William Lou and Alex Wong believe Toronto can make the second round of the NBA playoffs but this incarnation of the Raptors is not a championship team.
William Lou and Alex Wong believe Toronto can make the second round of the NBA playoffs but this incarnation of the Raptors is not a championship team.
In the latest TV show ratings, Fox’s broadcast of Sunday night’s NFL divisional playoff between the Bucs and Saints averaged 29.3 million total viewers and an 8.1 demo rating. Leading out of that postgame, the freshman comedy The Great North delivered north of eight million total viewers along with a 2.6 demo rating. A special […]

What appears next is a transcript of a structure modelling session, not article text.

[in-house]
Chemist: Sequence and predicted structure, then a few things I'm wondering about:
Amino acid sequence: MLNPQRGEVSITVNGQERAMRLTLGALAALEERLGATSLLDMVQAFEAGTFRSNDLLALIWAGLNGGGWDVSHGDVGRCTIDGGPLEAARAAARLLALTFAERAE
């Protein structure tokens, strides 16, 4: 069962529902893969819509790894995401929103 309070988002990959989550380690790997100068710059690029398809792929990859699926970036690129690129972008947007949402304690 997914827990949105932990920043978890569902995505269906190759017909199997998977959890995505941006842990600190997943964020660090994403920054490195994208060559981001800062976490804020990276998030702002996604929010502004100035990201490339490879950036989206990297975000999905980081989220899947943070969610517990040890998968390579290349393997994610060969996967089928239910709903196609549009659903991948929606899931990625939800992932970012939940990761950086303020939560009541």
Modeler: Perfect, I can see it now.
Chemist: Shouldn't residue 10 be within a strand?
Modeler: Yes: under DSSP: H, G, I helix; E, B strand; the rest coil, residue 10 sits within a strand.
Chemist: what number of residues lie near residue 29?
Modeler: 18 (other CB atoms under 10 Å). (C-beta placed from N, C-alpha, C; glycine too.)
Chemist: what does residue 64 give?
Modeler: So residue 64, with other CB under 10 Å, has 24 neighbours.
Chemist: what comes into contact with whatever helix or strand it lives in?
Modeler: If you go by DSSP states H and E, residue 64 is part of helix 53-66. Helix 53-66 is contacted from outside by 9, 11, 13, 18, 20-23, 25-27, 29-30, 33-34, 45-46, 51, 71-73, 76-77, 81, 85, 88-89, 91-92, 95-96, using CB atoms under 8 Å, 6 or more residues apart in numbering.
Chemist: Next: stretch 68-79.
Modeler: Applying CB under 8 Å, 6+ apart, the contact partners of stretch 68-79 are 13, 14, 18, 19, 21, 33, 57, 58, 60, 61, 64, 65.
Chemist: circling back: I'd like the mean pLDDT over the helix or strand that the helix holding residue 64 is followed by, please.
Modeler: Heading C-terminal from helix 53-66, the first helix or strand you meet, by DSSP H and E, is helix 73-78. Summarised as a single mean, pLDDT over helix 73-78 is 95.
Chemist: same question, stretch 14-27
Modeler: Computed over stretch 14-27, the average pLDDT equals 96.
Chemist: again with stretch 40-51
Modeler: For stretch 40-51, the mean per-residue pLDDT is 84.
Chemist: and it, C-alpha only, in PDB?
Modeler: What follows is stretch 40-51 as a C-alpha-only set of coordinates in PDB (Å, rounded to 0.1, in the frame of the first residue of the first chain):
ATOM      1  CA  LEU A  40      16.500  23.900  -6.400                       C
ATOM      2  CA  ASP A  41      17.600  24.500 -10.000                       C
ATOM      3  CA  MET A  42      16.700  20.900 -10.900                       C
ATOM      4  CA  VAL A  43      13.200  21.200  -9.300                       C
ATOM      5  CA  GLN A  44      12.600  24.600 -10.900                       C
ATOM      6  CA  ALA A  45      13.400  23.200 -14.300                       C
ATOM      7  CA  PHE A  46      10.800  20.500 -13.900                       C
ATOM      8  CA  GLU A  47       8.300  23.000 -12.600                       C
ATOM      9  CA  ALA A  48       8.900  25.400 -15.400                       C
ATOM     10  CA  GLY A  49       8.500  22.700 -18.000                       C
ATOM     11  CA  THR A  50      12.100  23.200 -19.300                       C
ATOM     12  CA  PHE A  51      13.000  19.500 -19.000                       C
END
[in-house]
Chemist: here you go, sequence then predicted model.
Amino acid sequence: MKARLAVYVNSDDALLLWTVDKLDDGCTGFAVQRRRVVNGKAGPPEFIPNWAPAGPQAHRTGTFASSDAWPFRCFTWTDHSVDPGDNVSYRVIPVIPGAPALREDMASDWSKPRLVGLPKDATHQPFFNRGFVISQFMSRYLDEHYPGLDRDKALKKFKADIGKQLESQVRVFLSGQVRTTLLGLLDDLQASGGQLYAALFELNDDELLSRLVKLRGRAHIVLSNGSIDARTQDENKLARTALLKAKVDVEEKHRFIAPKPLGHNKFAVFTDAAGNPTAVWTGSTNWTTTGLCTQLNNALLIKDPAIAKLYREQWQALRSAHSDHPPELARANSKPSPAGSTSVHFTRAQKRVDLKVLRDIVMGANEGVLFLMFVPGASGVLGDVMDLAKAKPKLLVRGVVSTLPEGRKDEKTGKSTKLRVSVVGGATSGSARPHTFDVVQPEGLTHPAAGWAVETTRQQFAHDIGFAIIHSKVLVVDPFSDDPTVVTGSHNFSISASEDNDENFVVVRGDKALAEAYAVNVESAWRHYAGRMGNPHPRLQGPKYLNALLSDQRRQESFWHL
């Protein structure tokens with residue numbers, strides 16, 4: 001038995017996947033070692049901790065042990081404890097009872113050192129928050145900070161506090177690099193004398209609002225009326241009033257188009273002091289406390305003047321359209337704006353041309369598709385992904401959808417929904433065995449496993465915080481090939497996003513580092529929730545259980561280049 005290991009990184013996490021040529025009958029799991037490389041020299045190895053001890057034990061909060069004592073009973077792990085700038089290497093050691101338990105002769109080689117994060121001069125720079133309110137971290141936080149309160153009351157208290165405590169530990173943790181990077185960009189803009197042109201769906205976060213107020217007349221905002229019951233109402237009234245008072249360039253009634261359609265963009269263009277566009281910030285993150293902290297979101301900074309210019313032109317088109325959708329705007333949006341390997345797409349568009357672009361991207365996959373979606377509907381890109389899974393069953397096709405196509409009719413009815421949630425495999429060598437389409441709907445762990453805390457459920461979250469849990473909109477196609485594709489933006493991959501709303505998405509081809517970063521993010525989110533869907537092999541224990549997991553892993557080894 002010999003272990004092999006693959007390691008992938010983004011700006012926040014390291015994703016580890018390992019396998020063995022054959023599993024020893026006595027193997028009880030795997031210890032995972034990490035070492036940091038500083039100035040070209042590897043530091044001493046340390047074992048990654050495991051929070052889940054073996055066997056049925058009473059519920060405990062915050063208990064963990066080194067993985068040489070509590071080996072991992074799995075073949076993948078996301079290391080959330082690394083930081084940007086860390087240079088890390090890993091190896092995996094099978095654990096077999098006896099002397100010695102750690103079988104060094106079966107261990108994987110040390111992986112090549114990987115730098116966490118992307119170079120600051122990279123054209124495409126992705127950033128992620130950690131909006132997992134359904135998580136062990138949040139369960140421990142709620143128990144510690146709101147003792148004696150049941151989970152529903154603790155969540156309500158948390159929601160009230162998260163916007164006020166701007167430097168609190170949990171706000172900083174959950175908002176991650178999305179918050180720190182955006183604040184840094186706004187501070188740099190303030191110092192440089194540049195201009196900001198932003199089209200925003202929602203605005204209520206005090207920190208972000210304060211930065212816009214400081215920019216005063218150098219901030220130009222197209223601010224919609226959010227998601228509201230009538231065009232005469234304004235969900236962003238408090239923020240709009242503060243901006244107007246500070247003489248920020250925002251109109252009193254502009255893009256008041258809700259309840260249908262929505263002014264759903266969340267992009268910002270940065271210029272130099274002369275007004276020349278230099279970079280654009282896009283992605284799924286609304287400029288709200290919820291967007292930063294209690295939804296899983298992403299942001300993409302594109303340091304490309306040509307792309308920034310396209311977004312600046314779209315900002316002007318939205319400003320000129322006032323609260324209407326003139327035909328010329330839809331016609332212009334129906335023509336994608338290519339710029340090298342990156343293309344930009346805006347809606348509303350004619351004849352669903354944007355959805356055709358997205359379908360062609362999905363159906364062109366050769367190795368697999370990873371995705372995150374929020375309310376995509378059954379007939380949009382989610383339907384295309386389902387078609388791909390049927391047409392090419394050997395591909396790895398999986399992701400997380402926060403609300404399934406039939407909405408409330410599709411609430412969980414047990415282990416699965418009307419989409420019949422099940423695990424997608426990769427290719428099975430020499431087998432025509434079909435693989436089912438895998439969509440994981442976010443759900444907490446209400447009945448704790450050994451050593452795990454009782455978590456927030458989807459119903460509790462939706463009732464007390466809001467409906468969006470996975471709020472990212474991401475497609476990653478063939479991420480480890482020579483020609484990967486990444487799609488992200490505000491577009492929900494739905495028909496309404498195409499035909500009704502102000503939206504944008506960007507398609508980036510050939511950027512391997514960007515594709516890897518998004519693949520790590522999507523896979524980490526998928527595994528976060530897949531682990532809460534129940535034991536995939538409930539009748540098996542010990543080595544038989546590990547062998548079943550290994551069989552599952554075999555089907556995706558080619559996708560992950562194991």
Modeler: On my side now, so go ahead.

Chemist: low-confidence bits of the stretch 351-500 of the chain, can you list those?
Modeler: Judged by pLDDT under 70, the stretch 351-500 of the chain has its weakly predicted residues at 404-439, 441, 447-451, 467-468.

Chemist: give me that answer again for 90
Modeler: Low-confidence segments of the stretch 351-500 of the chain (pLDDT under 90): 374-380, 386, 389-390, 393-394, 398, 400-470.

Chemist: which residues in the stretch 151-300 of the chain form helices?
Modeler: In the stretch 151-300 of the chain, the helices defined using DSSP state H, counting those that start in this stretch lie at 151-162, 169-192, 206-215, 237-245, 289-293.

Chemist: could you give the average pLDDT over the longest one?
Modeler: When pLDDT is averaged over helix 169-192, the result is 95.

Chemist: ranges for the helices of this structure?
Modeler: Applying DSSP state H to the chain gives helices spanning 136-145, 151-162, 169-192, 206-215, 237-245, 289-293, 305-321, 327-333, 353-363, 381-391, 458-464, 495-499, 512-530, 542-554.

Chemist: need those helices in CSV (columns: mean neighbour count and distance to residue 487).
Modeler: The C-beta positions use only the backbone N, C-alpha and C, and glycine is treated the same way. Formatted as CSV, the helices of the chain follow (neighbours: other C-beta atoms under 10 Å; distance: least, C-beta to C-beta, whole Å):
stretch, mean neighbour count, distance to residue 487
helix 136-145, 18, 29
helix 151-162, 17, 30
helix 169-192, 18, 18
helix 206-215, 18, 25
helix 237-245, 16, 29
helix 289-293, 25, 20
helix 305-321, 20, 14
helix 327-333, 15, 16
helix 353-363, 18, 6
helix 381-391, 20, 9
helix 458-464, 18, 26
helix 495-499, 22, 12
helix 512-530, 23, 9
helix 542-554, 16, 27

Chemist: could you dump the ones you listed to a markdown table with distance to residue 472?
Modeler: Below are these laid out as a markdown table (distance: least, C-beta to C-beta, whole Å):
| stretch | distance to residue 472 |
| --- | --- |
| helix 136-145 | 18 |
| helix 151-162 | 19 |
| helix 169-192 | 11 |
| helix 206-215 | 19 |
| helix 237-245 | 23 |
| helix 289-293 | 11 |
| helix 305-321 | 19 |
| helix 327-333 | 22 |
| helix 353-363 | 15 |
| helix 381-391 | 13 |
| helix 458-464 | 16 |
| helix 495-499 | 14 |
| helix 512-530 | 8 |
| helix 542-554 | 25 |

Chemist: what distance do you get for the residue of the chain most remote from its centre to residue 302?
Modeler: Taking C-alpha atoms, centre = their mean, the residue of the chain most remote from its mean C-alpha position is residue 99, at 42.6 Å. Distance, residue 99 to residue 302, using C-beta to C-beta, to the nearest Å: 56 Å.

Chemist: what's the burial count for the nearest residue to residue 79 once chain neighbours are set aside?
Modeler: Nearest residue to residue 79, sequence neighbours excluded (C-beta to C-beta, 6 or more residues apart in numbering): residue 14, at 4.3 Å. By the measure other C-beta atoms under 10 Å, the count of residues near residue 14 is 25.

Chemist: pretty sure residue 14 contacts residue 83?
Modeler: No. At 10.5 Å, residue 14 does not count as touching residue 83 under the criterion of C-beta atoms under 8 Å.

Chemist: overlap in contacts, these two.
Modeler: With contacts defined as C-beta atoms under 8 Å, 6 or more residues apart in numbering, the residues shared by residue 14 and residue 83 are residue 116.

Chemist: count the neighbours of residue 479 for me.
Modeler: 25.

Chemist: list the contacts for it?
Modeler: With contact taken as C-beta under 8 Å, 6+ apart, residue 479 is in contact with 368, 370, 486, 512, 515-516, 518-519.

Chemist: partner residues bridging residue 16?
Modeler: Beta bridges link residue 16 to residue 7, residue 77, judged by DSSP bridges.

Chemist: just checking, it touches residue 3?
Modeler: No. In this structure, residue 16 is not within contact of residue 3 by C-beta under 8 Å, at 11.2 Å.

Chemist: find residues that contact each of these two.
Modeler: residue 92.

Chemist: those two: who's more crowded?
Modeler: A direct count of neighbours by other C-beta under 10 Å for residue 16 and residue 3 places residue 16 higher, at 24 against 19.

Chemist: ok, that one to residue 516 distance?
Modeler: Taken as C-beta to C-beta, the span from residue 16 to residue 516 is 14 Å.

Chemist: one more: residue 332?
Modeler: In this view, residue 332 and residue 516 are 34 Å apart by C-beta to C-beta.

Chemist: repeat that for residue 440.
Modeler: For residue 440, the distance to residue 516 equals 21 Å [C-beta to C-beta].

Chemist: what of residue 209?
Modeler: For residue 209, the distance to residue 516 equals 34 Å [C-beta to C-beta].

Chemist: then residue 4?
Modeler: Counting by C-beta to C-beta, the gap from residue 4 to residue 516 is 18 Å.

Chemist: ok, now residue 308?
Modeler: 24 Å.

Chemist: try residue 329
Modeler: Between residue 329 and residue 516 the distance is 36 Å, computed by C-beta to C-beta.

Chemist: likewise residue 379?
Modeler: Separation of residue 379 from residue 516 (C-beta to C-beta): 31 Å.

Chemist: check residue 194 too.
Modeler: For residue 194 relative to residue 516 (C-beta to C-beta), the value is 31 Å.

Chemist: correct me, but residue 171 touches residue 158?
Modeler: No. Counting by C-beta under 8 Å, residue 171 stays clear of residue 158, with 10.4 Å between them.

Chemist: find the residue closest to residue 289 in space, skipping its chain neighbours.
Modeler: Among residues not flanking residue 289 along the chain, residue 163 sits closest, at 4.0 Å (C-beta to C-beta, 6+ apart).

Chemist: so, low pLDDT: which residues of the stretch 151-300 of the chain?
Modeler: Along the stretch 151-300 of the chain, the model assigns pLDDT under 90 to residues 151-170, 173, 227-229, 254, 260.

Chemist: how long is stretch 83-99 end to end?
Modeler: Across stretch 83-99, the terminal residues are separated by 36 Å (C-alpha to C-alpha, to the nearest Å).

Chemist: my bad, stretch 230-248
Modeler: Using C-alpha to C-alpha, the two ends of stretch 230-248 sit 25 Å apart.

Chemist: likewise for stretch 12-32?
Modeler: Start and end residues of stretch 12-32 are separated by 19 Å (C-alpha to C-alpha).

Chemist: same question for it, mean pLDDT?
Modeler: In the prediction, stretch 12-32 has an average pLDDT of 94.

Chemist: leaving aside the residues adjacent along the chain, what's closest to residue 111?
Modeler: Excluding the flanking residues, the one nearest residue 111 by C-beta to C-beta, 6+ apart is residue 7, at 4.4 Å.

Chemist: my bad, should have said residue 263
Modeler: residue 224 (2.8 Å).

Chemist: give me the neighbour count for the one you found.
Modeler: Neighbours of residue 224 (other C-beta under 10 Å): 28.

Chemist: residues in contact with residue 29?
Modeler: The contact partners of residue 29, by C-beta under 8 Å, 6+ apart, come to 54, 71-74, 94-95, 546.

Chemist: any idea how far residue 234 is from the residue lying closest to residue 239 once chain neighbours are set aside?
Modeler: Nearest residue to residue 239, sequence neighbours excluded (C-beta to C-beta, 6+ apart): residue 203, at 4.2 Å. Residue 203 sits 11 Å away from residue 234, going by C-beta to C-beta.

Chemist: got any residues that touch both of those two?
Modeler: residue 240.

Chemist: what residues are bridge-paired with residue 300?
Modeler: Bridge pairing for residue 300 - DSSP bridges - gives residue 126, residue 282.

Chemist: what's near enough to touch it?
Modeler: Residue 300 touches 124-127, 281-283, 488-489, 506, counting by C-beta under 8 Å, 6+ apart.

The city is on edge after the riots at the Congress building in which five people died.
Rescuers say at least 12 Chinese workers are alive a week after an explosion blocked the mine's exit.
"The Rest Assured bundle is designed to help us all get on with our lives and put America back to work again."